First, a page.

Arun didn't mention it in his trip report, but Red Lake Peak is the first recorded peak climb in the Range of Light. Francis P. Farquhar, in the History of the Sierra Nevada , quotes the diaries of first ascenders Lt. John C. Fremont and Charles Preuss:
Feb 13, 1843: "Today the 'field marshal' marched out with a party on snowshoes to open up a way to the summit, about ten miles distant, it appears. Tomorrow we shall probably know whether it is possible to get through. No longer any salt in camp. This is awful ... We are now completely snowed in. The snowstorm is on top of us. The wind obliterates all tracks which, with indescribable effort, we make for our horses. At the moment no one can tell what will really happen. It is certain that we shall have to eat horse meat. I should not mind if we only had salt."
Feb 13, 1843: "We had tonight an extraordinary dinner - pea soup, mule and dog."
Feb 14, 1844: "With Mr. Preuss, I ascended today the highest peak to the right: from which we had a beautiful view of a mountain lake at our feet, about fifteen miles in length, and so entirely surrounded by mountains that we could not discover an outlet."
Farquhar interjects, "Here is the first recorded mention of one of the great scenic features of the Sierra, Lake Tahoe. It is also the first account of an identifiable mountain ascent in the Sierra. They were on Red Lake Peak. Fremont with the spirit of a true mountaineer not only climbed to observe the lay of the land but remained on top to enjoy the view."
"From the immediate foot of the peak we were two hours in reaching the summit, and one hour and a quarter in descending. The day had been very bright, still, and clear, and spring seems to be advancing rapidly. While the sun is in the sky, the snow melts rapidly, and gushing springs cover the mountain in all exposed places; but their surface freezes instantly with the disappearance of the sun."
Leonard Daughenbaugh writes:
The author indicated that the Fremont/Preuss ascent of that peak on 2/14/1843 was the "first recorded peak climb in the Range of Light." He used Farquhar's book as authority. Farquhar wrote that this ascent "was the first account of an identifiable mountain ascent in the Sierra." Of the two statements Farquhar is correct because he uses the term "identifiable mountain ascent."
The first "recorded peak climb" in the Sierra, however, was made by Jedediah Strong Smith in 1827. Smith was in charge of a fur trapping expedition, later to be known as the "Southwestern Expedition." The plan for this group was to travel southwest and eventually reach what they hoped would be profitable trapping grounds in the rivers of Spanish California. After a long, arduous journey, they found themselves in Spanish America at the San Gabriel Mission. At that time, however, American trappers were unwelcome in Spanish America and they were ordered to leave. Instead of retracing their steps as ordered, however, Smith decided to explore new territory and moved to the northeast. He traveled to the western foothills of the Sierra and then moved in a northwesterly direction paralleling the Range. Smith described the Sierra as "The Mountain on the East which I called St Joseph in honor of one of the best of men father Joseph Sances of St Gabriel..." Unable to find a low pass in the Sierra, Smith decided to attempt a crossing anyway. Once he entered the range, he turned to the north. He probably began on the Stanislaus (his Appelamminy), and moved north via the Calaveras (his Mac-al-lum-bry), the Mokelumne (his Rock River), and the Consumnes (his Indian River). Once he reached the American River (his Wild River), he turned east but was stopped by the snow. It was at this point, with Smith trying to decide what to do, that he made his ascent. Smith wrote, "These reflections were passing rapidly through my mind as I stod on a high Peak in advance of my party having called a halt for the purpose of viewing the prospect before me. Far as the eye could see on every side high rugged Peaks arose covered with Eternal snow...." Unfortunately, we will never know which peak this was, but, in any case, it was the "first recorded peak climb" in the Sierra. This ascent probably took place during the early part of May in 1827. As an interesting side light, Smith was also the first non-Native American to name a Sierra peak. On the day after his first ascent, he wrote: "On the north a short distance was...a Peak that seemed to rise far above any other part of the Mt. Among many lofty Peaks it seemed the Giant of the scene. To this summit I had the vanity to attach my name. If an honor it was dearly won as those will admit whose fortune it may be hereafter to follow my steps." Some believe this was Pyramid Peak, but which peak he named will never be known for sure. To end the story, while on the peak he climbed, Smith decided to move his party back to the Stanislaus where they would winter. Smith and two of his men retraced their steps, and then crossed the Sierra crest in the vicinity of Ebbets Pass, and thus became the first non-Native Americans to cross the Range.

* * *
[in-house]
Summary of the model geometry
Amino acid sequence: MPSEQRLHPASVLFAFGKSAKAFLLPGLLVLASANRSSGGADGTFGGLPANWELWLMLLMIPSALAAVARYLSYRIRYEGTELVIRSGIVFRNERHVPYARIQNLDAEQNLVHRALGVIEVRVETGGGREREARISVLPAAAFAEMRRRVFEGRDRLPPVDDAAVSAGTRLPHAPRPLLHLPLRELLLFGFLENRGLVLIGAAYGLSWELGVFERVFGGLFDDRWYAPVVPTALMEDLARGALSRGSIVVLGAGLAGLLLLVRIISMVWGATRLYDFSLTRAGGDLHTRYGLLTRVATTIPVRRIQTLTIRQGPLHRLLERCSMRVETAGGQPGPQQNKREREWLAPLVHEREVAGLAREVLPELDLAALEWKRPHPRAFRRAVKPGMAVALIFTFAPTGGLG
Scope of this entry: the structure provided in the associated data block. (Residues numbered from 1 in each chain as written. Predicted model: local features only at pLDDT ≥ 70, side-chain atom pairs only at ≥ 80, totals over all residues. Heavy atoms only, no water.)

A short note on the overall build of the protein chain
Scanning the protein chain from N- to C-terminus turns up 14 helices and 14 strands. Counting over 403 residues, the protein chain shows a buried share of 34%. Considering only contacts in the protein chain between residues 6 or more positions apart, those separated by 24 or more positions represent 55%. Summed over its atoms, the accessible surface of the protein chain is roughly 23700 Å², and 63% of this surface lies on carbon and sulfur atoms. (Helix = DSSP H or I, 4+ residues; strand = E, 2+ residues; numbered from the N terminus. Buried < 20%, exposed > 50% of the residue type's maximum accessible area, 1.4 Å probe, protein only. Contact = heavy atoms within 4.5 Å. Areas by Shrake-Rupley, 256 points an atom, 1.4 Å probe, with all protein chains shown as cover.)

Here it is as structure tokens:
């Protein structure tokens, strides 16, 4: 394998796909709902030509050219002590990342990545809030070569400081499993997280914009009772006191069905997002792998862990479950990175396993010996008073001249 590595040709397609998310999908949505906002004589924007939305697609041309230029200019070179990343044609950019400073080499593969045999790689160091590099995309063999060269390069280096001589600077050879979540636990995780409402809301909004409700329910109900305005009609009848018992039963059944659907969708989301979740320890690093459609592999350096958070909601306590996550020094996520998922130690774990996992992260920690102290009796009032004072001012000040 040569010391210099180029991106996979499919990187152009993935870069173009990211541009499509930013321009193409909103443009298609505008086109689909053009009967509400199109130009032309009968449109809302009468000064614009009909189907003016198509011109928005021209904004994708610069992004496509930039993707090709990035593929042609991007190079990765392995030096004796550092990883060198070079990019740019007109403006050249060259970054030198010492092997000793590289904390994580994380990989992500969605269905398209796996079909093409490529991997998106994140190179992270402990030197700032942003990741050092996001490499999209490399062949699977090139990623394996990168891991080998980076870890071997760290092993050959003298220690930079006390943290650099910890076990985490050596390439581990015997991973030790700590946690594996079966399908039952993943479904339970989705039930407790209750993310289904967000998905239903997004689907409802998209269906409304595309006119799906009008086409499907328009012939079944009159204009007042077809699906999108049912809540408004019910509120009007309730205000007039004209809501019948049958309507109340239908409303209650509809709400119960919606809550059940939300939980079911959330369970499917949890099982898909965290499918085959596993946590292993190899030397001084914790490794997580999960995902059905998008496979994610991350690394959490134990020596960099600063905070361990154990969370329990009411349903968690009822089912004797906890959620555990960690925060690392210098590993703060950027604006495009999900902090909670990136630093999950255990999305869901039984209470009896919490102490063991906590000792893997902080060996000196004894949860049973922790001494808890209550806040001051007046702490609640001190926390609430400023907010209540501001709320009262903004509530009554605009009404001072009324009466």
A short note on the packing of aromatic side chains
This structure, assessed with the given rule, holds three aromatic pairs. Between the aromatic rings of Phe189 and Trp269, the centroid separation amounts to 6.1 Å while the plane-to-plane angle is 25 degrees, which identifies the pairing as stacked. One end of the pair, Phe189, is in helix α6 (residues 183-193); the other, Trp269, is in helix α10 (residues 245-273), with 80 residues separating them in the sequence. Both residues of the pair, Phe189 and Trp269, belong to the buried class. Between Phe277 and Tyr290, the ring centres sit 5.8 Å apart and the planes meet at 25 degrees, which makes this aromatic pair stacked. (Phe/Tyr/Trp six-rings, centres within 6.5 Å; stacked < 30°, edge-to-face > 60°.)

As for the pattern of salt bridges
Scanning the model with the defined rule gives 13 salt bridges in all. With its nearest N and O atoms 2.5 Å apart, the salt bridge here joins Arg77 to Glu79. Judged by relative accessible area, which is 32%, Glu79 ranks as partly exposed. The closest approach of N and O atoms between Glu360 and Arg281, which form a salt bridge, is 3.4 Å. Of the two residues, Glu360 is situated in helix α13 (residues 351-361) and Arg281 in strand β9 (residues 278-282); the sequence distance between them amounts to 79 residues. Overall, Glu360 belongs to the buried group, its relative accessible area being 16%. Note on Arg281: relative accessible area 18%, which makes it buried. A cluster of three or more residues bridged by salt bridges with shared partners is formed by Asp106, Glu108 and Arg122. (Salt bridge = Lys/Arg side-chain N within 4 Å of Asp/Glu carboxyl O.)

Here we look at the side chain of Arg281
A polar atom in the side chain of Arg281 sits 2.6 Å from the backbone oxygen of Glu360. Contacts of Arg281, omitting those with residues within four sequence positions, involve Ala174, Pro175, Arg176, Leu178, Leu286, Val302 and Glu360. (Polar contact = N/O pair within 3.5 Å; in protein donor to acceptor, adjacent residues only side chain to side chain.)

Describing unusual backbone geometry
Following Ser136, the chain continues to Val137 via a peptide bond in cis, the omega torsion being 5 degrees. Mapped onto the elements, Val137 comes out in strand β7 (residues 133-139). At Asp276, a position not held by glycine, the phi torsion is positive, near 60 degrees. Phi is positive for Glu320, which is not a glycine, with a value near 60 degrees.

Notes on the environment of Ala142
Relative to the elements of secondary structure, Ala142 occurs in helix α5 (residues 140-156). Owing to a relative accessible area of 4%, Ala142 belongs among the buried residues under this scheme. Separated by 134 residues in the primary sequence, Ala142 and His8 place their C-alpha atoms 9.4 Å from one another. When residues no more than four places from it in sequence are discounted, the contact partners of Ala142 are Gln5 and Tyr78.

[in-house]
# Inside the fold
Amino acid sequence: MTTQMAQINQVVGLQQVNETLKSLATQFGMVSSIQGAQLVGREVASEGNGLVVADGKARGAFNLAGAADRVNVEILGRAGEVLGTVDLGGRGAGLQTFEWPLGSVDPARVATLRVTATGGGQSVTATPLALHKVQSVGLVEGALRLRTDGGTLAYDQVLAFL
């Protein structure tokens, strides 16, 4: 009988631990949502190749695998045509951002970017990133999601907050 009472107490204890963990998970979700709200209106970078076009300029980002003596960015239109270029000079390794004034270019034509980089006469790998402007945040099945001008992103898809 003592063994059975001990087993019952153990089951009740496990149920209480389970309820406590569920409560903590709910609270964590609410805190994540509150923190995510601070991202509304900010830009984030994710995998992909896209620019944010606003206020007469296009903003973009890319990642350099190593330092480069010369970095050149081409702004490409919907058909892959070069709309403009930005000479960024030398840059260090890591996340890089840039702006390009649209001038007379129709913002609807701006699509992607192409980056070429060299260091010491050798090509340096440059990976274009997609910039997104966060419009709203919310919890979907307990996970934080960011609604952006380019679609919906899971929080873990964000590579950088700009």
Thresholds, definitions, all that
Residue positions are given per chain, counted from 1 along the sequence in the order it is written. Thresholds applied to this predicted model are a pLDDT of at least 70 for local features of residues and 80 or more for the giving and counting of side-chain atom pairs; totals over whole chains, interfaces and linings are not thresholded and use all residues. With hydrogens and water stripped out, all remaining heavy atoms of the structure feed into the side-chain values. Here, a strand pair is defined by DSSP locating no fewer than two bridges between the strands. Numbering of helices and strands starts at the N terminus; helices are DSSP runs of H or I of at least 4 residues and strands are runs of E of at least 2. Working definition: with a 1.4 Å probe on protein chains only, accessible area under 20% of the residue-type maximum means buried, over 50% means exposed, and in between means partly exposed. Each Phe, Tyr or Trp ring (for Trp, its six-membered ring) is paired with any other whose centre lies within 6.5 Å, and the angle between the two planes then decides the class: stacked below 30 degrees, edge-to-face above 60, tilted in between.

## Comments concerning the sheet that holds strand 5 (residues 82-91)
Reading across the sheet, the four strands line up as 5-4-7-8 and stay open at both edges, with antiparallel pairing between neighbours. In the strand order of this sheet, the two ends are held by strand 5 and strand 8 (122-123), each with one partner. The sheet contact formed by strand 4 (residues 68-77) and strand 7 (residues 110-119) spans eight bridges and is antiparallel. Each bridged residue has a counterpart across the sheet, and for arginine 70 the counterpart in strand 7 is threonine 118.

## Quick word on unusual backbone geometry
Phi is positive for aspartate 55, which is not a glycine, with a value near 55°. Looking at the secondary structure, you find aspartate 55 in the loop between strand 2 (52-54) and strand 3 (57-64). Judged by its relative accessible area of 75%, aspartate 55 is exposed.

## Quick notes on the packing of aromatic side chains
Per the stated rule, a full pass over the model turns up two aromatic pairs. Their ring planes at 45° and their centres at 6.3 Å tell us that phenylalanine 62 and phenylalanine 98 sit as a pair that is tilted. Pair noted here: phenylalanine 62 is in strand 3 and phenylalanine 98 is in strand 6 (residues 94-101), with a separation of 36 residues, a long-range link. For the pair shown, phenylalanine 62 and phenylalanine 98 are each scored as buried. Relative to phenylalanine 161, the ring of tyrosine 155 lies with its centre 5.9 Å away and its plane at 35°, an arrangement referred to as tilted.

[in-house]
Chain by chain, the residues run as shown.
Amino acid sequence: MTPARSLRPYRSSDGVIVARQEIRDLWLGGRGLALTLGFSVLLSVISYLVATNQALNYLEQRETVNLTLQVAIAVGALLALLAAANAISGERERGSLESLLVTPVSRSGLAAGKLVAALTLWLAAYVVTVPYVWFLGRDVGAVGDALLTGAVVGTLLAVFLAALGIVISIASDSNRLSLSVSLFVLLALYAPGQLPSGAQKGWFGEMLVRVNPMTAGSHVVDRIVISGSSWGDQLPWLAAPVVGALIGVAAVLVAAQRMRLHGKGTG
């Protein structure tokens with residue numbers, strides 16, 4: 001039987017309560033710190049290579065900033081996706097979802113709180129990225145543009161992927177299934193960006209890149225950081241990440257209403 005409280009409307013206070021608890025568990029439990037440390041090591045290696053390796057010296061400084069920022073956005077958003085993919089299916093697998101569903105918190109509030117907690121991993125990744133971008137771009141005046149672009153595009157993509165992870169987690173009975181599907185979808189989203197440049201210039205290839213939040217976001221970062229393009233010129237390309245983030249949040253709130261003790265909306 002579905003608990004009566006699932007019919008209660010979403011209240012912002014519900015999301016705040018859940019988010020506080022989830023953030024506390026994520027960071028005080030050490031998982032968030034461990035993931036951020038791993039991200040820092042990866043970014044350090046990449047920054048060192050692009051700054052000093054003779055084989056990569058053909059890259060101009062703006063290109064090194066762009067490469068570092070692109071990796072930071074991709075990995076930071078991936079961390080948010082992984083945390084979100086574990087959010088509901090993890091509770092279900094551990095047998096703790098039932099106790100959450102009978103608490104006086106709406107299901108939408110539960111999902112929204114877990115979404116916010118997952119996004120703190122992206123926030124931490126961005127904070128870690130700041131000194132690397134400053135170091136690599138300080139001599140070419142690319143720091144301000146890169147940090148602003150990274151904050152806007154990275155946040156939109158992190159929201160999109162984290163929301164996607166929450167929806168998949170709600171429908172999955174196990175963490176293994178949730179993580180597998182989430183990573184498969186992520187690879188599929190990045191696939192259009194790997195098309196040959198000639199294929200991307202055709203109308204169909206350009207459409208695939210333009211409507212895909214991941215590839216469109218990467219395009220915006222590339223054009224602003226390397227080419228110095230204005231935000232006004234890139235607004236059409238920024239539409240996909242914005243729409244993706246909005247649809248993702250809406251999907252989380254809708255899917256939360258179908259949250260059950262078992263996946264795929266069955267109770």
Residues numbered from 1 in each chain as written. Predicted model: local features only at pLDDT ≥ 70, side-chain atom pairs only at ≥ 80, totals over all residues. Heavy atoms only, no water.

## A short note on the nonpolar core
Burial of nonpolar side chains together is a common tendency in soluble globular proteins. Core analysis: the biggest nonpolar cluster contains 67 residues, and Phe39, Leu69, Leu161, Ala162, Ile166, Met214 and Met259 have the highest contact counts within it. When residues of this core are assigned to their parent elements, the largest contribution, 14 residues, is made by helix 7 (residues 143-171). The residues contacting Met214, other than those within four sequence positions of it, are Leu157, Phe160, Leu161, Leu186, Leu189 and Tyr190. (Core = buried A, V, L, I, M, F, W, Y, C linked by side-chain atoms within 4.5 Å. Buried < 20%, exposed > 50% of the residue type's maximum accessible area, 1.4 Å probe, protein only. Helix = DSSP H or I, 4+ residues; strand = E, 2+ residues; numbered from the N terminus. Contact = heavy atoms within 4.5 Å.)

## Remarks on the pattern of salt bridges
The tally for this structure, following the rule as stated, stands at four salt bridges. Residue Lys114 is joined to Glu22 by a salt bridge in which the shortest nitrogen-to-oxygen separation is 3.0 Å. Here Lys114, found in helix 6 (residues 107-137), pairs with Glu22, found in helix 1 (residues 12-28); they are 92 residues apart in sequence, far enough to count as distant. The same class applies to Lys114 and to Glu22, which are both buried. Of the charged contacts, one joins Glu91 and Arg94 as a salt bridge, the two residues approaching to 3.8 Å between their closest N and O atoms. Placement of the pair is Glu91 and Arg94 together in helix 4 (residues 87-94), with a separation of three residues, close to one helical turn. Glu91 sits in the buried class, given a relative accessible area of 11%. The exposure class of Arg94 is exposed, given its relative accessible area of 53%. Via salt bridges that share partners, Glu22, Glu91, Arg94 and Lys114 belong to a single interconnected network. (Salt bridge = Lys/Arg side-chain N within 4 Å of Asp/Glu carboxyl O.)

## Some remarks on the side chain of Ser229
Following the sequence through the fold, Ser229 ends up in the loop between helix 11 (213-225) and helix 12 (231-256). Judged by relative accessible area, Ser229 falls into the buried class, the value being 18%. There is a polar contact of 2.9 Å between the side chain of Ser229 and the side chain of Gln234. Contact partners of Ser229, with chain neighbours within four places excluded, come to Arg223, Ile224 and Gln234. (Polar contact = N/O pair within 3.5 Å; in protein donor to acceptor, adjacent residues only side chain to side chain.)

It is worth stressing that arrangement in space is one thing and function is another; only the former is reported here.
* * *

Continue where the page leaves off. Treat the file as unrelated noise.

The reference is: Brooks, George R., Editor. The Southwest Expedition of Jedediah S. Smith. His Personal Account of the Journey to California 1826-1827. The Arthur H. Clark Company, 1977, pages 123-170.
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